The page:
The track was downhill now. We were quite smooth with the flow as I had no rush to reach on time. We were stopped by another line of vehicles, rather smaller this time. Huge rocks of the size of a truck had fallen from the upper slopes. According to the information being told, the servicemen were at work and the road was to be opened shortly. We kept still and listened to some music. It is always essential to be positive in every situation, come what may. I enjoyed the rain from inside the car as the road was being opened. Wasn’t much an issue. We moved ahead to the next obstacle, which was even harder. Medium-sized rocks had taken over a major part of the road, and the remaining part was broken so badly, that it was more a swamp than a pathway. The driver left his seat, called up the surrounding car owners, and started lifting the rocks and started making a way to pass it over. The physical work my driver did was remarkable. Everybody appreciated his efforts as he finished building the path. He was so tired by the time he reached back to the car, that he made me aware that he had cardiac conditions, and cannot control high blood pressure. He immediately asked me to take the medicines out of the dashboard in front of me. I took out about 4 tablets as instructed, and he swallowed all of them at once with water. We moved ahead, hoping now that we had covered our journey. Just about 2 kilometers away from the campus gate, I saw something that I could never imagine to be true. A huge wave of muddy water, flowing at a tremendous pace, taking away huge rocks and belongings, as it came while breaking walls and establishments. We got out of the car and went outside to witness the scene. My phone battery started to drain out. I kept sending text messages calling out SOS and briefing them about the situation. I told my flatmates about the situation and how I was stranded. I started recording.
My driver started feeling unwell. He told me that he can drop me till here only. He had to go back. I couldn’t think of myself. I paid him his dues with an extra amount for helping me all the while. I told him to go and to be safe. He left me with my bags in a safe shade in a house. I was alone. I went back to the site to see if I could, in any way, pass through this wreck. But the flow was so fast, that no one could control it. Suddenly I saw a familiar face.
My mess in charge was also stranded there. The vegetables could not reach the hostel. They helped me with my luggage by accommodating it in the village head’s house. The owner was kind enough to have my bags in their store till we came with a solution. The building material from the highway uphill came flowing with the water. rocks came piling up and reached the level above the lowest floors. The neighboring hotel was in a mess. The restaurant on my end of the destruction was completely shattered. shelves and desk chairs came out floating in the muddy water. My phone’s network was almost dead. I sent pictures and videos to my parents, flatmates, and my college administration head, seeking for help. It was such a situation, where nobody could do anything. I was already building my impractical plans of climbing the hill up and crossing narrow ridges, which would lead me to the other side of the flow. Suddenly, the mess in charge came up with a similar idea. He climbed up the hill, jumped over a building under construction, and guided me to follow. I stopped caring about my clothes, left my bags in the hands of God and went with the flow. I held deep-rooted bushes in my hands, stepped on loose soil, and went climbing up the hill. I jumped over the building and saw that the level of the water was coming down. The natives of the place started making a small bridge with rocks and started helping school kids to cross the water. Women were helped with their belongings and few people started crossing the tide. We continued moving uphill. I started jumping huge rocks among the great speed of the water. I made my final jump towards the other end and went over a ditch. My legs were completely soiled. My shoes damaged, I just thanked God for helping me cross this obstacle. I thanked the mess in-charge for being there for me and for keeping me safe. I had no words to say, but only, “Let’s go to college”.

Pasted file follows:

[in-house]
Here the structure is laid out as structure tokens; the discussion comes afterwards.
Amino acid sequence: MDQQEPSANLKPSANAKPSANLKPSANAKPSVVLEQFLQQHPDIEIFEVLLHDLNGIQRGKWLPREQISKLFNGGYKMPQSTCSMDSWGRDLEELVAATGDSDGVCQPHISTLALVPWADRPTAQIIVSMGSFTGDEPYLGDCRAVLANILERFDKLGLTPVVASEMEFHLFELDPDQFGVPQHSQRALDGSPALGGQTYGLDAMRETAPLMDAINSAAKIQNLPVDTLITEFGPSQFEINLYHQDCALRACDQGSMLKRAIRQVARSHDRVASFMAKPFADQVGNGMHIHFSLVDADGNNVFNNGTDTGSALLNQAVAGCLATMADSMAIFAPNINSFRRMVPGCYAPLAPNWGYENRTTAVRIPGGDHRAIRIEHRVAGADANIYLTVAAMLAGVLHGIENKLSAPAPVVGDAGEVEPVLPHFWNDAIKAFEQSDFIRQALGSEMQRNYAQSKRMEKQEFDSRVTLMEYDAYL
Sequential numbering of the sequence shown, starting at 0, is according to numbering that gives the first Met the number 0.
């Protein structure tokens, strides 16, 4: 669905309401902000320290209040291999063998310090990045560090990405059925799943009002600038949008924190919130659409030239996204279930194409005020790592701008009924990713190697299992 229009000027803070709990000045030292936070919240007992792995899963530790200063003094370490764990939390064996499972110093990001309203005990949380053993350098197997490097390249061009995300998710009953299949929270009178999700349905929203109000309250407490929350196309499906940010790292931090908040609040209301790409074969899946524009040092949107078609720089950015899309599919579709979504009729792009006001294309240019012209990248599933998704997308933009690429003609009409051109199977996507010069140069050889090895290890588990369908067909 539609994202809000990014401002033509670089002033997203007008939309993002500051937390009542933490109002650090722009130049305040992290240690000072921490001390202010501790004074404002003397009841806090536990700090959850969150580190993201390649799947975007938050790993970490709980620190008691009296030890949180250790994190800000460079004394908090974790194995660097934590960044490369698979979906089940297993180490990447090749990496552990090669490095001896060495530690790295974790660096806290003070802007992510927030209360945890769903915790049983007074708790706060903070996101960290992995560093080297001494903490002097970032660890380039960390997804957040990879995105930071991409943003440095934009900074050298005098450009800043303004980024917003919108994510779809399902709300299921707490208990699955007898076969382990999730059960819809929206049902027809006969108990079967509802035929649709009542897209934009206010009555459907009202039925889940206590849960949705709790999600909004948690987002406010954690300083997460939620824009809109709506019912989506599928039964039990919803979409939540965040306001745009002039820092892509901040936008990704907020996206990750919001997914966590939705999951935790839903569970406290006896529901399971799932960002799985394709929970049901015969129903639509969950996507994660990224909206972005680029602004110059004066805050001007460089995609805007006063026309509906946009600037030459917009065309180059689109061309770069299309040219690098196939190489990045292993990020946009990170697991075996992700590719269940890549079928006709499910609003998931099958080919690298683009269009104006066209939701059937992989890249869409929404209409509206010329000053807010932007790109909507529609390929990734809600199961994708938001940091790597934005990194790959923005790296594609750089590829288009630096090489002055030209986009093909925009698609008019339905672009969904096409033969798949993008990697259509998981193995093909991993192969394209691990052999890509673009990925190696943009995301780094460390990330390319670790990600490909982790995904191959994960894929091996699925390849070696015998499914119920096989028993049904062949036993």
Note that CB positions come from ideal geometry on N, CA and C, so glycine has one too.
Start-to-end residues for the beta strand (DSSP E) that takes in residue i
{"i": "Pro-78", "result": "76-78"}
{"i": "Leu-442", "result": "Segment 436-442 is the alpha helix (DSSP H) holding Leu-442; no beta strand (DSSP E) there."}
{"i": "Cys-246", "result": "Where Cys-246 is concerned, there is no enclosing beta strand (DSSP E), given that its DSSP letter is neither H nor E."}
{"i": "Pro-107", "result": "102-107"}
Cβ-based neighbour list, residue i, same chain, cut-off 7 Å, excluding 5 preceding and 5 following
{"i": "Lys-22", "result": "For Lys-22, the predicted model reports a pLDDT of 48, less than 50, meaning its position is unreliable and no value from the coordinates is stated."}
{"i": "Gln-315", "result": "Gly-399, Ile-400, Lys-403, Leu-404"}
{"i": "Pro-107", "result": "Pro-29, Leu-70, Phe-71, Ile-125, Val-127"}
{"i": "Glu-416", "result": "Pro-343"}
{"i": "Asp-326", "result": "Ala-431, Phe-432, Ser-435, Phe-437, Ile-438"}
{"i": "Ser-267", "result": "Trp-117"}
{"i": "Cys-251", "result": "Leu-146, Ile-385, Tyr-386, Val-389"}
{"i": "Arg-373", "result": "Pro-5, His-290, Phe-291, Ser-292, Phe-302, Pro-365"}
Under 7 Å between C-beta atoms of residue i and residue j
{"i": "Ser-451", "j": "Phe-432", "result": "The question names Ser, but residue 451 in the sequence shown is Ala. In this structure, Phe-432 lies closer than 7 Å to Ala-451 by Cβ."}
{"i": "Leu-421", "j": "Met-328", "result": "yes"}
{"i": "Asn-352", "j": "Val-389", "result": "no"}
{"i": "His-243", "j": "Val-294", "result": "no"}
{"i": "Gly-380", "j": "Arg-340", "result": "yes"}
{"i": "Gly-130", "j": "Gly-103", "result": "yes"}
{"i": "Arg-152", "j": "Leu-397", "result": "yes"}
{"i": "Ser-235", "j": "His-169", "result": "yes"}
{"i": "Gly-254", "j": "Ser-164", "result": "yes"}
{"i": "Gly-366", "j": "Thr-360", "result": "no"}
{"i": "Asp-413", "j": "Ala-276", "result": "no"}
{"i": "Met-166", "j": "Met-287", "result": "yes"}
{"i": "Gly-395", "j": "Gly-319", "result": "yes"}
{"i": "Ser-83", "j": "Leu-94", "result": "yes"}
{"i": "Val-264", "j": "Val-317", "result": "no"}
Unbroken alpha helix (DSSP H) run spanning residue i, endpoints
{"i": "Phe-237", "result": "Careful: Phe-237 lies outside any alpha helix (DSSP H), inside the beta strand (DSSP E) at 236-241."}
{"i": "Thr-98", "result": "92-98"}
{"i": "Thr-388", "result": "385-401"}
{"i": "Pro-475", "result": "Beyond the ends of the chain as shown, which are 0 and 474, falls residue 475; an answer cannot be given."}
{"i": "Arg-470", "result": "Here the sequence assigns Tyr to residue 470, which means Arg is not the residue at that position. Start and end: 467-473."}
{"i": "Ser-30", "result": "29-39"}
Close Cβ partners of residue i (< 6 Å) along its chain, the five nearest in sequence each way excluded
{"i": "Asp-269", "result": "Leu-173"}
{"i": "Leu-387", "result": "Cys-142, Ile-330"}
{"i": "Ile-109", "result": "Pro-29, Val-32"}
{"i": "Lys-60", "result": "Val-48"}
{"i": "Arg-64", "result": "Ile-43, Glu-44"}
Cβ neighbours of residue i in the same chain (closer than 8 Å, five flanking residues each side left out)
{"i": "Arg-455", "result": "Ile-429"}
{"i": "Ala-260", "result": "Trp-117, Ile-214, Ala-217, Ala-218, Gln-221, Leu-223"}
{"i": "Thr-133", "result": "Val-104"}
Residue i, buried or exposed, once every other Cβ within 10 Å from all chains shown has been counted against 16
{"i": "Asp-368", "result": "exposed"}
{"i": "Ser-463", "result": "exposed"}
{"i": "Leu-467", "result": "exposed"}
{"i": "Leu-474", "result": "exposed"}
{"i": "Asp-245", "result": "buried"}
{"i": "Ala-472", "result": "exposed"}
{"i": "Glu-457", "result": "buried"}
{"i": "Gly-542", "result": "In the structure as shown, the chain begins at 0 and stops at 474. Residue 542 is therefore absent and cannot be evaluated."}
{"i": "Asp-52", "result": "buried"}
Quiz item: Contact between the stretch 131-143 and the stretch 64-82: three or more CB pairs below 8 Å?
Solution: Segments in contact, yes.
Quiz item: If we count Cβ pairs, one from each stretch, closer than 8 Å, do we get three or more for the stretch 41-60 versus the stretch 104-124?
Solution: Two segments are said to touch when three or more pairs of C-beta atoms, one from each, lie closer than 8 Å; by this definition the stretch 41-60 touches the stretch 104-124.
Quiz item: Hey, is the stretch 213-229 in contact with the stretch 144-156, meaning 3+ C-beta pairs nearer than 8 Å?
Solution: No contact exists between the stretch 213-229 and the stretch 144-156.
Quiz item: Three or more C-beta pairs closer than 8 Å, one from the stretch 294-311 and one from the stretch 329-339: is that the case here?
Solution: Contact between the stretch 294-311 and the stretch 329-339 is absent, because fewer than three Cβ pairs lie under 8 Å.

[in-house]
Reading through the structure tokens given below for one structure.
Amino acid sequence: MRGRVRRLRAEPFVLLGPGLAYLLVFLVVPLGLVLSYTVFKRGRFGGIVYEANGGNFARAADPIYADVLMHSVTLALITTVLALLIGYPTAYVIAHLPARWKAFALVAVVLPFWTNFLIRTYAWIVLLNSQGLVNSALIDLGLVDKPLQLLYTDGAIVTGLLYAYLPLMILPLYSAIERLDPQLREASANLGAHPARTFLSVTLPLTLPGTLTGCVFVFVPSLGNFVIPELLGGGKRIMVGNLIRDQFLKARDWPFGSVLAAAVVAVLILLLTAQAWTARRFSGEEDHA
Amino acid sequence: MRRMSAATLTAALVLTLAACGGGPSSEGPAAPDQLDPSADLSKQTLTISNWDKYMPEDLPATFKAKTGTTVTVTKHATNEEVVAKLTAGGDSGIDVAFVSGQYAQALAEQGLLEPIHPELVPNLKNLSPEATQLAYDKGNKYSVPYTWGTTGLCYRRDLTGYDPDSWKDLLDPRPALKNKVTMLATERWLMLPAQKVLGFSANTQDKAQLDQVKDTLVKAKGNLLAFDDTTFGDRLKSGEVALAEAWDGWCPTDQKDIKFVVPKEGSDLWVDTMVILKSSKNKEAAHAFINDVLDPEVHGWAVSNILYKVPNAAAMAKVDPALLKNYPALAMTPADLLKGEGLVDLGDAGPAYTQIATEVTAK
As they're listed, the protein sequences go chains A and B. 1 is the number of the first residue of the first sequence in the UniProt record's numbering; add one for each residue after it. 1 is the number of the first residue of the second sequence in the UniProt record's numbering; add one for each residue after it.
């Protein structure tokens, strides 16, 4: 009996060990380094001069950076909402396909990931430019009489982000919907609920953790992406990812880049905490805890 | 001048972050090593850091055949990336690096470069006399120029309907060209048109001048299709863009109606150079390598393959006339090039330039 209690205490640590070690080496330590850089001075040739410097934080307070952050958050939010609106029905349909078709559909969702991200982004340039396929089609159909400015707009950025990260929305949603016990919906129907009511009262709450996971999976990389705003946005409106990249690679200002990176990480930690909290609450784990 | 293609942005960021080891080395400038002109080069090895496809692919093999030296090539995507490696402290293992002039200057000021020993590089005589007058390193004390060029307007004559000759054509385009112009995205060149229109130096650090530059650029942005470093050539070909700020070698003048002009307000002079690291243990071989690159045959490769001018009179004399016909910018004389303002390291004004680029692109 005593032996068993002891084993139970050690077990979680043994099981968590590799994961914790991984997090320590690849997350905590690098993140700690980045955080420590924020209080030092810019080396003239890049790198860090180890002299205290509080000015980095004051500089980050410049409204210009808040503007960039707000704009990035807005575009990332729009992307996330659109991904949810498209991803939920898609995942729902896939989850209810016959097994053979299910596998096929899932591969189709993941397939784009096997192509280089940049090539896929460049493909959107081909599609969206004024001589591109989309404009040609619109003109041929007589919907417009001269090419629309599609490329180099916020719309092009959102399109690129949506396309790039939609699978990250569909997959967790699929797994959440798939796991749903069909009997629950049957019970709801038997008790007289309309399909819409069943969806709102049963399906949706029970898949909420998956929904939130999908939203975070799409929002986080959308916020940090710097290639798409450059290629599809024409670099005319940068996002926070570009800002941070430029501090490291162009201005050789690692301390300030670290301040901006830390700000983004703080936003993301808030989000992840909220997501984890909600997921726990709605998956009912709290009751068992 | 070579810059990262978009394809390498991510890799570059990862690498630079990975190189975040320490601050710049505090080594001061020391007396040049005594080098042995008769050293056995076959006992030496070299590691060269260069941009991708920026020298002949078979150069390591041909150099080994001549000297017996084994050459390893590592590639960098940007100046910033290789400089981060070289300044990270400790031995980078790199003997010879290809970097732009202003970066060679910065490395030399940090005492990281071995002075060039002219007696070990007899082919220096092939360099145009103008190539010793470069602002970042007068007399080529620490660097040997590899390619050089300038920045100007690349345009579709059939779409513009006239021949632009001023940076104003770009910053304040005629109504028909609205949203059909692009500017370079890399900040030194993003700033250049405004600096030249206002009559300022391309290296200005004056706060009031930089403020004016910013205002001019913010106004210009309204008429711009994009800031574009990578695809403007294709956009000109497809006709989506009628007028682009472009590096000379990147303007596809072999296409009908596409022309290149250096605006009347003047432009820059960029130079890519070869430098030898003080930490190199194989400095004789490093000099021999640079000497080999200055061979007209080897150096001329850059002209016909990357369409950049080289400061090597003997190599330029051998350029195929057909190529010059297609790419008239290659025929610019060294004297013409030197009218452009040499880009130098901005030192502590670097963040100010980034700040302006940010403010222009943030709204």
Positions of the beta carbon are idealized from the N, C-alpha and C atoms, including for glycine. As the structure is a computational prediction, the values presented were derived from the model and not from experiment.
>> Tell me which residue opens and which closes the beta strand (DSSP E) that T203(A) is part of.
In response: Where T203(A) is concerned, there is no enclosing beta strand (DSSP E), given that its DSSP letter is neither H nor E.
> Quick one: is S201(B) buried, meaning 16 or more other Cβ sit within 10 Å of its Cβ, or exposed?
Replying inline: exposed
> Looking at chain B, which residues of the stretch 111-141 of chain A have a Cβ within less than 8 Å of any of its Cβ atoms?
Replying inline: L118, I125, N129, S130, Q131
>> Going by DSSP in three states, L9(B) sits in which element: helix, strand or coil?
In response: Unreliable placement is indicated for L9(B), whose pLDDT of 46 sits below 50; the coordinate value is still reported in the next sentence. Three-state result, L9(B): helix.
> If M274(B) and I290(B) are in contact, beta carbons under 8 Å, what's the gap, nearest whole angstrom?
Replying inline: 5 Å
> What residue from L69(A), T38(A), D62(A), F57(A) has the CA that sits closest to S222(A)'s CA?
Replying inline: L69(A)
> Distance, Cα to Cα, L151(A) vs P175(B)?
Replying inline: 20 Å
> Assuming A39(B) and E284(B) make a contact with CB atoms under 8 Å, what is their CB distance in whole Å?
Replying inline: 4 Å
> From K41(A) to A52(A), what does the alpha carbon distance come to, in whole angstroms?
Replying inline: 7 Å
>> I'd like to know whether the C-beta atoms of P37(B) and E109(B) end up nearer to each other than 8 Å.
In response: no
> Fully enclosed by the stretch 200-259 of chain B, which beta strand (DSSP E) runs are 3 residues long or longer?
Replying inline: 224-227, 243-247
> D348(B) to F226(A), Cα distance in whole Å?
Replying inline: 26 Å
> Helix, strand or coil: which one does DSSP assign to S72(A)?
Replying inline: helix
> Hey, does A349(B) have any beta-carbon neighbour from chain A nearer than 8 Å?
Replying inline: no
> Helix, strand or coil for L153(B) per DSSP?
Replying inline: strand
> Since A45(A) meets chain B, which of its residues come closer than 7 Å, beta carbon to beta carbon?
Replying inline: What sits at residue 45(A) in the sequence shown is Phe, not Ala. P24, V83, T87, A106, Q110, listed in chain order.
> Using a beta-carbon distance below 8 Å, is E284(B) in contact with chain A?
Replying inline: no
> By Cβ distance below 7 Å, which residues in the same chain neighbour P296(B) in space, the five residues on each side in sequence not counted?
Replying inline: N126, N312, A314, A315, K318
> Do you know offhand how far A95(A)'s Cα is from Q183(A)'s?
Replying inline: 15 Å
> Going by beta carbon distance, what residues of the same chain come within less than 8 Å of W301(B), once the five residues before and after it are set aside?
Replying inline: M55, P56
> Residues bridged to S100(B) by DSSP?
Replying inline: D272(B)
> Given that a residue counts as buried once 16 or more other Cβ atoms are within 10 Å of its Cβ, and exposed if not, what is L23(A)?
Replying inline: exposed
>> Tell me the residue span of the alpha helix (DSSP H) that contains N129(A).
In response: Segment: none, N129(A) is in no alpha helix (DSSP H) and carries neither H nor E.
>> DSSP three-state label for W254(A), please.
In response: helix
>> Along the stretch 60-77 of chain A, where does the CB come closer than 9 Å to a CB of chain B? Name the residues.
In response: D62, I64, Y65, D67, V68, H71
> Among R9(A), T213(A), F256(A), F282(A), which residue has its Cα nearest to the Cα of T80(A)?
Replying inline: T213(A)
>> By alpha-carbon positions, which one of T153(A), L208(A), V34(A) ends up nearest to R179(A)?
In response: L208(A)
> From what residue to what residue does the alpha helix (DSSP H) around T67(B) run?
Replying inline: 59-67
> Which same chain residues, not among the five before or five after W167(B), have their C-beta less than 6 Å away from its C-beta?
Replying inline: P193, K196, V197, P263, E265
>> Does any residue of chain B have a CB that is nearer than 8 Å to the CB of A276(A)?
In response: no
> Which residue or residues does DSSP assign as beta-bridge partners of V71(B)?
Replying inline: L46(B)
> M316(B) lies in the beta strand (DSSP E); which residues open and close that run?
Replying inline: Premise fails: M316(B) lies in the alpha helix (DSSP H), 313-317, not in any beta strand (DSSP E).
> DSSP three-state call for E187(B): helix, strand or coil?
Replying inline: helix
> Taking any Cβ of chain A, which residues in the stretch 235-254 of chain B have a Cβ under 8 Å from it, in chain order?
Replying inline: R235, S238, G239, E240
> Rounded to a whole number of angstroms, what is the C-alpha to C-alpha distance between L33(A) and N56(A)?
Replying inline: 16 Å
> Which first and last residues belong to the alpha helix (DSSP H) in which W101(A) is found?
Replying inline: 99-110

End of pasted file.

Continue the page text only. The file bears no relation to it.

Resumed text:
There was the university cab waiting for us on this side, which took me, the in-charge, and few hospital nurses to our destination. I ran towards my hostel room, looked at my flatmates’ faces, and breathed a sigh of relief. I reached home safely. I put my phone to charge, cleaned up and went to talk to my friends.
That was one heck of an experience. This week was filled with new things. There’s a lot more to share!!! See you super soon, Dear diary…
Spoke a lot tonight. Got a lot more to speak.